A couple who fled Ukraine for Britain are planning to move back to the war-torn country because of the spiralling costs of life in the UK. Joe Place, 29, and his wife, 34-year-old Irina, fled Kyiv in February to escape conflict and headed to Joe’s hometown of Sheffield, Yorkshire.
But Joe, a PhD student and content writer, soon realised conditions in the UK weren’t ideal as the couple were met with “terrible” housing and high costs. Irina, who received a Ukraine Family Scheme visa, struggled with her husband for seven months to make life in the UK work – before they both gave up and decided to go back to a country that is actively at war.
Joe said: “This comes to the problem that everyone in the UK seems to be facing with finding (a rental).
“We doubled our budget and more … we had a very strict list of requirements and we just kept going, ‘OK, well, compromise on this, compromise on this, compromise on this’.
“Anything we got even remotely close to getting was just terrible.”
The couple had arrived in Western Ukraine for a short visit to see family in September, but decided to stay as a result of the UK housing issues they faced.
“We realised we actually quite like it back here, and we’re OK,” Joe continued: “We wouldn’t want to live back in Kyiv right now because it’s not safe, but where we are it is very safe, mostly anyway.”
Joe said because Russia has been hitting Ukrainian infrastructure with missile strikes, they are prepared for electricity and heating outages.
He added: “They’re trying to get people to get prepared that you might lose the electricity and heating for a bit. That is something that is going to affect all of us, and that’s going to be difficult”
The couple, who met while they were both teaching English in Ukraine in 2019, will continue to go “back and forth” to the UK to see friends and family and for Joe’s work – but the majority of this he is doing remotely in Ukraine.
Joe said it would cost them up to £1,500 a month to rent in the UK, compared with £500 in Ukraine, and housing agencies and landlords were asking for a previous year’s tax statement or six months of income in a UK bank account, which they could not provide.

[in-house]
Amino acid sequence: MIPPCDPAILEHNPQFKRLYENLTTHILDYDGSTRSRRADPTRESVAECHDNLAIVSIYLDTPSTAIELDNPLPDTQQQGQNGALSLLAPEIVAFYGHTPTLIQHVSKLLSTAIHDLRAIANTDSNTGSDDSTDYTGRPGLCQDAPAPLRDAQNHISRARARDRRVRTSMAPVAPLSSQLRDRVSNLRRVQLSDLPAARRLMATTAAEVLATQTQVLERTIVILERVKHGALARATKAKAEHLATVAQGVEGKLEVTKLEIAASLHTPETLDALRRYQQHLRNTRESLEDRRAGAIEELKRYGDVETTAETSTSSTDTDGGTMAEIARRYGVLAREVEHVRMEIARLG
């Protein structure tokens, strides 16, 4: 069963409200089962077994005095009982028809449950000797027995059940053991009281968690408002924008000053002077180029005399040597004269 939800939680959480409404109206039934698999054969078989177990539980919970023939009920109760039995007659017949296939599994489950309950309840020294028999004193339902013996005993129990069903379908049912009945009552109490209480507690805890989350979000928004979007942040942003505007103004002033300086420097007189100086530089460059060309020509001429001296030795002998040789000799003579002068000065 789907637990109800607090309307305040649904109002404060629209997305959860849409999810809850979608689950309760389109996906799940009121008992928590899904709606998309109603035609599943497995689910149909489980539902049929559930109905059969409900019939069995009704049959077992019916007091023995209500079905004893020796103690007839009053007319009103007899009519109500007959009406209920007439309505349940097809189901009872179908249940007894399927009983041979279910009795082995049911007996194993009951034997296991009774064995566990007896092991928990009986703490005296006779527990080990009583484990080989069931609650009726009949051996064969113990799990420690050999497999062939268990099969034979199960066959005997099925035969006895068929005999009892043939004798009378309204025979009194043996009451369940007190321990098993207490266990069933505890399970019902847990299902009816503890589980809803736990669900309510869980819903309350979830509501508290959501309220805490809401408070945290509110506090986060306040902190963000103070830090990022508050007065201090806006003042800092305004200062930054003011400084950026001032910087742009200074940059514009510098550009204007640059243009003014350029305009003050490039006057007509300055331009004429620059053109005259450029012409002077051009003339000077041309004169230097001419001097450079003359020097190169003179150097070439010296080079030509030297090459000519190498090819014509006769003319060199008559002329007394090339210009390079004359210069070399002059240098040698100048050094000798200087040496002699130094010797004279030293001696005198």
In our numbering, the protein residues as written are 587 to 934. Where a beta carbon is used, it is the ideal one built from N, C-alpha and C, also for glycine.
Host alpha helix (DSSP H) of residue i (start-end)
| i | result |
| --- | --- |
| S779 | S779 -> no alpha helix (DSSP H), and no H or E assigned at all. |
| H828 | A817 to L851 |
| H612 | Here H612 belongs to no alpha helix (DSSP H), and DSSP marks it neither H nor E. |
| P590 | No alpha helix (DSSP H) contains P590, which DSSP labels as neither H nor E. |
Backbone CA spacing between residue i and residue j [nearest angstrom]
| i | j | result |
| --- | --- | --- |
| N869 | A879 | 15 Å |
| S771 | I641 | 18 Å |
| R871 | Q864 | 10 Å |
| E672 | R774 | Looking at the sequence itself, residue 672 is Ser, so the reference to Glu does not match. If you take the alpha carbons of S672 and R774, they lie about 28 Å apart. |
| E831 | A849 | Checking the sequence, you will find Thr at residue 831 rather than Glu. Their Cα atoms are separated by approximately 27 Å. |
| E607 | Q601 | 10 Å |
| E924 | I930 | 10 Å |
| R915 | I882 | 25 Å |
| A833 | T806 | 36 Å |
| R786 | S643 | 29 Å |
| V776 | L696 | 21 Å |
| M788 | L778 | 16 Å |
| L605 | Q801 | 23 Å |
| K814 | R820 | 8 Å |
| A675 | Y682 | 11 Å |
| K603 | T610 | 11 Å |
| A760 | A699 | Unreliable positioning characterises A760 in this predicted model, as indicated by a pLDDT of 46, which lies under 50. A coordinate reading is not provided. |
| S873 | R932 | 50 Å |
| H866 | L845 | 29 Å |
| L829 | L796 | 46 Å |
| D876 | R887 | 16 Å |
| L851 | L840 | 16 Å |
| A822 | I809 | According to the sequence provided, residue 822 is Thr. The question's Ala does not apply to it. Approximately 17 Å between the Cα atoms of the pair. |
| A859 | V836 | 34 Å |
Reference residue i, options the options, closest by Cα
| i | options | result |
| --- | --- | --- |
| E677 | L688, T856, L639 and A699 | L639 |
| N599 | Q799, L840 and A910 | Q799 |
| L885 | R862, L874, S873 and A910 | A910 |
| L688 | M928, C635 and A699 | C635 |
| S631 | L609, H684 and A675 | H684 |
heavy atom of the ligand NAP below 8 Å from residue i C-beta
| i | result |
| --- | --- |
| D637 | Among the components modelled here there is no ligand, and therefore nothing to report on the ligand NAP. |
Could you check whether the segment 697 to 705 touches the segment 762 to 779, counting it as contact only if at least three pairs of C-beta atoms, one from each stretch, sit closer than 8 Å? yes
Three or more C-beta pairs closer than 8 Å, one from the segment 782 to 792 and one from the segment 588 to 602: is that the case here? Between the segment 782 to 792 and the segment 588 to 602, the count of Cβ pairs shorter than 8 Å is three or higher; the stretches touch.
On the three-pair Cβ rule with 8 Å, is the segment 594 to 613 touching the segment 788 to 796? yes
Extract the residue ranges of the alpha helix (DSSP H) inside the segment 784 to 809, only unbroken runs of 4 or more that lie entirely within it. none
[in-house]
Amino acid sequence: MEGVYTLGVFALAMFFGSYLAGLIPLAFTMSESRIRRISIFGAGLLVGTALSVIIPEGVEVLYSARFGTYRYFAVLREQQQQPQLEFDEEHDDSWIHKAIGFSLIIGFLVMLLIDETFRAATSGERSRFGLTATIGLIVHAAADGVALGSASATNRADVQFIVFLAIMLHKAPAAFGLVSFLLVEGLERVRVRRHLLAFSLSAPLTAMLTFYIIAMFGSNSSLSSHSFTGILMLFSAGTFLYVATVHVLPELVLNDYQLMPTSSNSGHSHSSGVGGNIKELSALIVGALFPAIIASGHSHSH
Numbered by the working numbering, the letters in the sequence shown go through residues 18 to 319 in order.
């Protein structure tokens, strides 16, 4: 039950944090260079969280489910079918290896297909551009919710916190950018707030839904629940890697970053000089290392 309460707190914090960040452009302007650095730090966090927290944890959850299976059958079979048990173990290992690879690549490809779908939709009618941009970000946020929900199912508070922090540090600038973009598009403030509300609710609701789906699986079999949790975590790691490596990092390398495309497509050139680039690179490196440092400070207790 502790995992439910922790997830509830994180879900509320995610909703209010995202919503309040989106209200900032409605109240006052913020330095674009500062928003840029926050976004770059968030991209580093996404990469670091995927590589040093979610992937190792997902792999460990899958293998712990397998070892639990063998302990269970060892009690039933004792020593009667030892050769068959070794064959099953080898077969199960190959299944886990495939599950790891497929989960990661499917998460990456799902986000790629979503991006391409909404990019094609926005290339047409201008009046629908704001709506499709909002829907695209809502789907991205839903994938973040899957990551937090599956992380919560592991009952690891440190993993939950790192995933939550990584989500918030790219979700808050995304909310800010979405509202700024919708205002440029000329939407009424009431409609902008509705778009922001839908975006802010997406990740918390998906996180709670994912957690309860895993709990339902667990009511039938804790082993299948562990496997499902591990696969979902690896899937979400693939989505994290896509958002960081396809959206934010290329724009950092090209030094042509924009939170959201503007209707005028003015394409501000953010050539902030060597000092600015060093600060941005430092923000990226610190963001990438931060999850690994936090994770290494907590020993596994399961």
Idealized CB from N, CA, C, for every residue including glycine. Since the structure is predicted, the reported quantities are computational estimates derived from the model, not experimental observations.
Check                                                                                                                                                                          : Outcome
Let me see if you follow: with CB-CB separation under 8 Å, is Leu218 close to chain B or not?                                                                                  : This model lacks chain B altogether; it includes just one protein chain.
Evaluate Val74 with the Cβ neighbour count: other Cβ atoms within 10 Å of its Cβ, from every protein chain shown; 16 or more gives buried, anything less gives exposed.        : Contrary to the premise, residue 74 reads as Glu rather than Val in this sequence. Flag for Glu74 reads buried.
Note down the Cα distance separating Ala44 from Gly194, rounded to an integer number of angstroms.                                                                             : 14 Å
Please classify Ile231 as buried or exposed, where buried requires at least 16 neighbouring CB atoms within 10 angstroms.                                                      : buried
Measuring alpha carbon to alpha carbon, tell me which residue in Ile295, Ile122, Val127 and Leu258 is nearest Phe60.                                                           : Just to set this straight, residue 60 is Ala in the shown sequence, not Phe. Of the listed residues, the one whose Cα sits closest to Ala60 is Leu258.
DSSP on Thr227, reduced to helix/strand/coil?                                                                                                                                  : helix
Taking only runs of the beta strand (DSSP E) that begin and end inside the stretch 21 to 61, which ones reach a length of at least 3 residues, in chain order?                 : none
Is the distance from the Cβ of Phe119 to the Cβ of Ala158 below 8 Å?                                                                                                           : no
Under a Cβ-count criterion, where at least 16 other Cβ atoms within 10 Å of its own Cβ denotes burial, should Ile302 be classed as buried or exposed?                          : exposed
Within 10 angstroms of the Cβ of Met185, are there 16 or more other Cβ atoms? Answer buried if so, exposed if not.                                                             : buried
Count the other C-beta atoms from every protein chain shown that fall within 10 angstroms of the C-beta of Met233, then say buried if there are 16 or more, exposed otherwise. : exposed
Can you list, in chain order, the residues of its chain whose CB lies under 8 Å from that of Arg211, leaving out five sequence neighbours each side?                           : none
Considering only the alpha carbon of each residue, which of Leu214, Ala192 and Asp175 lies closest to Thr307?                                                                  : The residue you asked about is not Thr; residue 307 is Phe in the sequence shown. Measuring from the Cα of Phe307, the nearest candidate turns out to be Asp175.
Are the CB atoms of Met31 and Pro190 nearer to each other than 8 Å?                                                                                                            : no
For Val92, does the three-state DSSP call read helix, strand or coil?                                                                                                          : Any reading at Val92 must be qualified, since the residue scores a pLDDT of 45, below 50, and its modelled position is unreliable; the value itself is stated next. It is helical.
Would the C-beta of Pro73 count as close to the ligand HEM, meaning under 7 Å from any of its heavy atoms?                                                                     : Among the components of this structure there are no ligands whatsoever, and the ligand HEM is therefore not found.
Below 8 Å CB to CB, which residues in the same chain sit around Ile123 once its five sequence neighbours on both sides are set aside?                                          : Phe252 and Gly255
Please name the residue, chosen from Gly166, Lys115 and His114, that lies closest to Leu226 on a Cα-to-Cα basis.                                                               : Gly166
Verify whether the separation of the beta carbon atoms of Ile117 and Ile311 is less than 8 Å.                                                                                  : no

He said money the couple already had in their Ukrainian bank accounts was not accepted and landlords had been repeatedly turning down their applications.
Joe continued: “(£500 is) kind of expensive here (in Ukraine). The west of Ukraine, where it’s safer, the house prices have gone up quite a lot and the rents have gone up – a lot of the locals struggle.
“But obviously for us coming from the UK … this is still really affordable.”
Irina entered the UK on a Ukraine Family Scheme visa but said she did not receive the same amount of support from the government as those on the Homes for Ukraine scheme.
Joe added: “It’s been incredible (the Homes for Ukraine scheme)… I hope we continue this approach for other crises.
“But I do think there was a bit more support for that scheme. With the family scheme there is a presumption that you will just stay with a spouse or child or people already settled here.
“No, we’ve just uprooted our entire lives to come to the UK, we could also do with some help.”
Joe said there is a “possibility” he and his wife will decide to return to the UK next spring, but they do not want to plan far ahead because of the war.
“For now we are quite happy being here,” he added.
A government spokesperson said: “Taken together, our generous Homes for Ukraine and Ukraine Family schemes are one of the fastest and biggest visa programmes in UK history, with over 196,000 visas issued and more expected to come through these uncapped routes.
“We expect Ukrainians entering the UK through the Ukraine Family Scheme to be primarily supported by family members, but they are also entitled to three years’ leave to remain and full access to work, study and benefits — including Universal Credit.
“Local authorities have a duty to provide support to people on the family scheme, including homelessness where required.”